freedom he would never be able to settle down to the stub¬
born realities of the discharge of the many duties of citizen¬
ship, but would stand around like a silly dunce and whine at
the government for support, and consequently would forever
be a burden to his country; but he has dispersed those black
fogs by the sunshine of his greatness, and dispelled the
many fears that sickened the hearts of his friends, and dis¬
armed the prejudice of his enemies, by showing that he is
fully able to paddle his own canoe, and keep above the
necessities of life. As a race, they have made no imposition
upon the public funds provided by the States for the poor.
Many have supported their poor relations, and in their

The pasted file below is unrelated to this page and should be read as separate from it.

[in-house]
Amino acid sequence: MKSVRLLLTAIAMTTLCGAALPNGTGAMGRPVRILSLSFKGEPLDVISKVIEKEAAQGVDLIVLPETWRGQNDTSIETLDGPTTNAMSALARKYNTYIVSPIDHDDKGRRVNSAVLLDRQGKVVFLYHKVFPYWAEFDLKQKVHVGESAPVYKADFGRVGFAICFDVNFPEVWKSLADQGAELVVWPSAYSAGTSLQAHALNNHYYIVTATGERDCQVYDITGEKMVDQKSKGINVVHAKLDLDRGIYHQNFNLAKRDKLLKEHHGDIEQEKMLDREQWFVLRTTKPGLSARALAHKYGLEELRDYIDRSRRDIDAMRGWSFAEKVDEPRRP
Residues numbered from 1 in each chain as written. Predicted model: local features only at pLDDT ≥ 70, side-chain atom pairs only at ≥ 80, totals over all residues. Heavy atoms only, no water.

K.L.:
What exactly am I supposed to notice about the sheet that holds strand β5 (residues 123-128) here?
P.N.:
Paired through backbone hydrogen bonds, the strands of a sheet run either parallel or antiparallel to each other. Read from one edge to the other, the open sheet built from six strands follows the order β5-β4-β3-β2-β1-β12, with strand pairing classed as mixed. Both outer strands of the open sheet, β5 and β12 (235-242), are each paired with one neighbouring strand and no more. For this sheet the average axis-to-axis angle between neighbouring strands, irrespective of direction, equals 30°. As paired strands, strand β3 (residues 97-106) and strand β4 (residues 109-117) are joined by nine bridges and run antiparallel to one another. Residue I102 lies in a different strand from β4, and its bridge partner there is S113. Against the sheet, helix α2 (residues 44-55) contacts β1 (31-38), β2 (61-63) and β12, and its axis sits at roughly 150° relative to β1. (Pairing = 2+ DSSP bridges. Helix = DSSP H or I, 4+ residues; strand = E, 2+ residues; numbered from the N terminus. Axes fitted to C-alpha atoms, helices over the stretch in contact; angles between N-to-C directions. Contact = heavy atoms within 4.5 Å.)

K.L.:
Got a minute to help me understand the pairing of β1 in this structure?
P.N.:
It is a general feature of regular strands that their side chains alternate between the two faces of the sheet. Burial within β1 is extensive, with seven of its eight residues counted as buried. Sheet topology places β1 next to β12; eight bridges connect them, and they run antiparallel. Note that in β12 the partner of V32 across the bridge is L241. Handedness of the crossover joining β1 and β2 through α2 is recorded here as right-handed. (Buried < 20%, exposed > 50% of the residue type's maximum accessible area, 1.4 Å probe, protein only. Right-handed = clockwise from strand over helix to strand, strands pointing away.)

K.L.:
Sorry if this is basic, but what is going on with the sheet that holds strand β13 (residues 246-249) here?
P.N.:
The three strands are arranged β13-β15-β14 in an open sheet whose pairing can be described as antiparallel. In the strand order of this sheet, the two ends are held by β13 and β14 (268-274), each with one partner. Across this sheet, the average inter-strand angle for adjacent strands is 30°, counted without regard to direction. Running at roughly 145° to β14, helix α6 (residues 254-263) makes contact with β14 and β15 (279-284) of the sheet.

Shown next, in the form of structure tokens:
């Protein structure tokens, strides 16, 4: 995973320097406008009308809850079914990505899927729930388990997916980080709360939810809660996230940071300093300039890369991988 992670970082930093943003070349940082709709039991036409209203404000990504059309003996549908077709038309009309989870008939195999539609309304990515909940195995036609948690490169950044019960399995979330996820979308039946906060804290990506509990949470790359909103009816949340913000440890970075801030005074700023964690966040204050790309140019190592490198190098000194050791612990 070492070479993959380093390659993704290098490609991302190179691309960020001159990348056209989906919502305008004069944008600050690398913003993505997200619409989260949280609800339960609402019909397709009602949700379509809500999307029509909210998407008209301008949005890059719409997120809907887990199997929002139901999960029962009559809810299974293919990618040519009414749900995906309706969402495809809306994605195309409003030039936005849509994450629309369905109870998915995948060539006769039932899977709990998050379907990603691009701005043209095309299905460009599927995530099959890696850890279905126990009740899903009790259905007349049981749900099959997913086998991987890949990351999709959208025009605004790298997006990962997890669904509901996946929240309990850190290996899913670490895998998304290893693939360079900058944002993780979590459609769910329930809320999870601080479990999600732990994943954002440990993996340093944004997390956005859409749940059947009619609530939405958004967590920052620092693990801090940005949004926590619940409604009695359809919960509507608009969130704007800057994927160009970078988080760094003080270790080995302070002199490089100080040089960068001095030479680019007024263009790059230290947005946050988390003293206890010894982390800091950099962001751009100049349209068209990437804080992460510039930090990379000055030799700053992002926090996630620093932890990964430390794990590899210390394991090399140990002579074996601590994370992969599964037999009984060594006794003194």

churches they have made ample provision for their poor
saints; therefore we must admit that the Negroes are in¬
clined to help themselves.
Literally they have contributed to the welfare of their
country and the support of themselves.
In their churches and benevolent institutions they make
contributions annually for the education of their youth.
Among them are to be found some of the ablest orators
and authors of the country, which are only outgrowths of
their educational tributes. Their orators have made indel¬
ible marks in the Legislative halls, and elsewhere through¬
out the country, and their authors have placed in the
libraries of this commonwealth volumes of no little value
to the nation.
His Agricultural Tributes.
Can any good come out of Nazareth here? Did the
Negro regard his freedom as the mere privilege to gamble,
steal, and hug the wine cup? No, he regarded it as the
privilege to labor and amass wealth for the good of him¬
self, fellowmen, and country.
He soon grasped the idea th#t, to be an independent man